One of the more interesting aspects of the D&D Attack Wing game is the difference between the Unique and the Generic versions of the available figures. In my opinion, it was a very smart strategy with the game, as it encourages purchasing multiples of certain figures and it provides multiple play options right out of the box. I’m not really sure what the official name for these generic versions is (calling them generic seems to imply they are somehow boring options) but it fits and is less awkward than calling the versions Named and Unnamed (which makes them sound like Cthulhoid monstrosities – and we don’t have the mind flayer in the game yet). So I’ll be sticking with Unique and Generic as I discuss the game.
This is to be the first in a series of posts discussing the generic creature options in DDAW. I want to explore their differences from their Unique counterparts, but really, more importantly, I want to discuss how I see them fitting into the scheme of the game overall and where some strong options exist for the generic figures which might help flesh out a team. Before discussing specific creatures though, I thought it might be useful to just look at the state of the generic options as a whole – and maybe by category. I’m feeling my way through this as I go, in a game that is still evolving, so I’ll do my best to make it coherent. I encourage other players out there to chime in and let me know your experience with the generic versions of the figures and how they’ve played out for you.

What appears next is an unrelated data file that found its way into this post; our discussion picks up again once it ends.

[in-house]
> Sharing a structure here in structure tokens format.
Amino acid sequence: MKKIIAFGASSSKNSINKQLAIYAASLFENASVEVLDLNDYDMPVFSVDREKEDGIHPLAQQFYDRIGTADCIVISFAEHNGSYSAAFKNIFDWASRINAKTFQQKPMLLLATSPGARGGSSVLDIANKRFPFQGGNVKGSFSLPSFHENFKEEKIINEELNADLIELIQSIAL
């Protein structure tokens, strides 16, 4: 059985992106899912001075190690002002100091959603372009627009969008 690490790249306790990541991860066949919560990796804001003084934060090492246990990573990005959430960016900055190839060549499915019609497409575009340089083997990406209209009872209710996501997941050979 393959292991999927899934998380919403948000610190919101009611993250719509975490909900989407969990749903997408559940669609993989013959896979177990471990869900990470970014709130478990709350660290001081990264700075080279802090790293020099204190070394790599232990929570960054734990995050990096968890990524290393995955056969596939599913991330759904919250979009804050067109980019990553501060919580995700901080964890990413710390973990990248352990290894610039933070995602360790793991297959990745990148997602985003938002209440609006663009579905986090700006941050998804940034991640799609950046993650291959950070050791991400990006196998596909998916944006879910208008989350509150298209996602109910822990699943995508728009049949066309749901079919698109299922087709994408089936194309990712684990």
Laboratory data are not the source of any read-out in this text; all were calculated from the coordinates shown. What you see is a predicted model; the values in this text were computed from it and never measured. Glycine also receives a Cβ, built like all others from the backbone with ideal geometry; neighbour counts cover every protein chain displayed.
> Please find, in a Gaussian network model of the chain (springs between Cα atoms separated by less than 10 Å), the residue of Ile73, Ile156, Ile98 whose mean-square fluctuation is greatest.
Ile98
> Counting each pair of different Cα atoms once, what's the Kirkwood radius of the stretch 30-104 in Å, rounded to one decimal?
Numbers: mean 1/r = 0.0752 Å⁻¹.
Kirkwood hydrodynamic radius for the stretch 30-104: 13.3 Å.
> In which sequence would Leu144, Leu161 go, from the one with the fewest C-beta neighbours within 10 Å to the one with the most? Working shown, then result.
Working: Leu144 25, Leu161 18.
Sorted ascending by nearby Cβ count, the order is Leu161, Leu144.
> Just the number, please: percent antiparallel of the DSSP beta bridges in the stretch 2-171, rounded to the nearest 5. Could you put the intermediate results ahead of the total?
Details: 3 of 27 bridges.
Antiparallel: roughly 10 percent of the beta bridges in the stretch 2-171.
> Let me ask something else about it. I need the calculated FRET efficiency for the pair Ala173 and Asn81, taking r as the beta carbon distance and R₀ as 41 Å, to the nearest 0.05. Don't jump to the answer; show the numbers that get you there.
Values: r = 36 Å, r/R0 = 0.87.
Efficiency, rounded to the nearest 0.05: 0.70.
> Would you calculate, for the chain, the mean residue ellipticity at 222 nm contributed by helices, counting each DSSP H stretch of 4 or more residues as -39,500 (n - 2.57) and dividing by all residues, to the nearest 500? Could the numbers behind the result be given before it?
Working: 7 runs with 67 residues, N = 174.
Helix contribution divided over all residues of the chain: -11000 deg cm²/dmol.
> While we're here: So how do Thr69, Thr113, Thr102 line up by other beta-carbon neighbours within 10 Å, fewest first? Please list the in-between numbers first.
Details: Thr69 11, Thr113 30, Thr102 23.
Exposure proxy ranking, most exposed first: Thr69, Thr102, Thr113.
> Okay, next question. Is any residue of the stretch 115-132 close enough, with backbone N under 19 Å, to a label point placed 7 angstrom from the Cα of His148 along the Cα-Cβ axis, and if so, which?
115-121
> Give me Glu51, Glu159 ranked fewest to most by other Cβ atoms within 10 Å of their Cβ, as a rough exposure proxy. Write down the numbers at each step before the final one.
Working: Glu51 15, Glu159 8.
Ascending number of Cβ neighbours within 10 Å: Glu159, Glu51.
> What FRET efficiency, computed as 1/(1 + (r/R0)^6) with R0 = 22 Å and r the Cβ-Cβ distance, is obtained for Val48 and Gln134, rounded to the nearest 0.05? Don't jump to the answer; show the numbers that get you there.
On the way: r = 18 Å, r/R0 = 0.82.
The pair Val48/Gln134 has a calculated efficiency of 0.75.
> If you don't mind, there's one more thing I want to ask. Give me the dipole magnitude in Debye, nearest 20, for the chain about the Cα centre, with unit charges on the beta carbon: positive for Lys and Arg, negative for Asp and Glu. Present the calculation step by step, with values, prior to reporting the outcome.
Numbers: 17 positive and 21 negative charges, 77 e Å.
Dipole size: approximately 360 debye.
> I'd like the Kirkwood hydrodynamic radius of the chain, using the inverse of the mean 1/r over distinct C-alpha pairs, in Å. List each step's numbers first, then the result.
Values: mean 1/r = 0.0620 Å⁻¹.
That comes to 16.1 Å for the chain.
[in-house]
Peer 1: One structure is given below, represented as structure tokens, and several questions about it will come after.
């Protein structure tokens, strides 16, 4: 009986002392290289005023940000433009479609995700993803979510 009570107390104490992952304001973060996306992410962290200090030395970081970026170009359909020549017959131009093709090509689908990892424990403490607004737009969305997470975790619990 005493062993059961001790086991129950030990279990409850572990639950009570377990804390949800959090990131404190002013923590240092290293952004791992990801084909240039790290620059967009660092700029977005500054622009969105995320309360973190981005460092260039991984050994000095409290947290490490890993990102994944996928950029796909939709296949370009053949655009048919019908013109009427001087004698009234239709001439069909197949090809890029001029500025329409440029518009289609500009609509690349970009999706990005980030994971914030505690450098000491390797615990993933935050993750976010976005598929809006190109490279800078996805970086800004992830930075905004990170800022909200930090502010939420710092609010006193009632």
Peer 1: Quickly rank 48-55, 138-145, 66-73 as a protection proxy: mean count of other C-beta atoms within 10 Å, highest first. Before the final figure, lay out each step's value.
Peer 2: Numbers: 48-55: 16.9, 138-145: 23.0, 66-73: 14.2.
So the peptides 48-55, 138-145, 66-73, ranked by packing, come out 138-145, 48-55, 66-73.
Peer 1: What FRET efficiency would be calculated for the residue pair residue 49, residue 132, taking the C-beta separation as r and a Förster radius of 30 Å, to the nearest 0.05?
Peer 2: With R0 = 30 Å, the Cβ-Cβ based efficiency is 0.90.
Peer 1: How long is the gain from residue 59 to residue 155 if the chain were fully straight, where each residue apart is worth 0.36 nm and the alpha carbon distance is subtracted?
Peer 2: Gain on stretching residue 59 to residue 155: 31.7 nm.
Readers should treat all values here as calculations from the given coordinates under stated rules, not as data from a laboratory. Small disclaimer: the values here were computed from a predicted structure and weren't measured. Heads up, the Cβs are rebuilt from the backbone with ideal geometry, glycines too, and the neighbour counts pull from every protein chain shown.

The generic creatures are always weaker than their unique counterparts. This usually shows up in four forms.
1. They lack the special power of the Unique Creature. Balagos, for example, gets an attack bonus when he is more wounded than his target. The Adult Red Dragon does not.
2. They have weaker stat lines. This can vary quite a bit, with some generic creatures very similar to their unique versions and some losing a little more of their punch.
3. They have fewer upgrade slots. The impact of this also varies. Some creatures, such as dragons, lose all options except Dragon slots as generics. Other creatures simply have less of the only type of slot they’d possess anyway (usually the case with Monster slots).
4. They are of lower level. Again, the range of difference varies. With some creatures the change can almost seem negligible when considering how play might go on the table.
While these changes are important, don’t forget that some aspects of the two versions of a creature stay the same.
1. Their type remains the same – so they are eligible for the same types of upgrades as before (though again, their options may be constricted).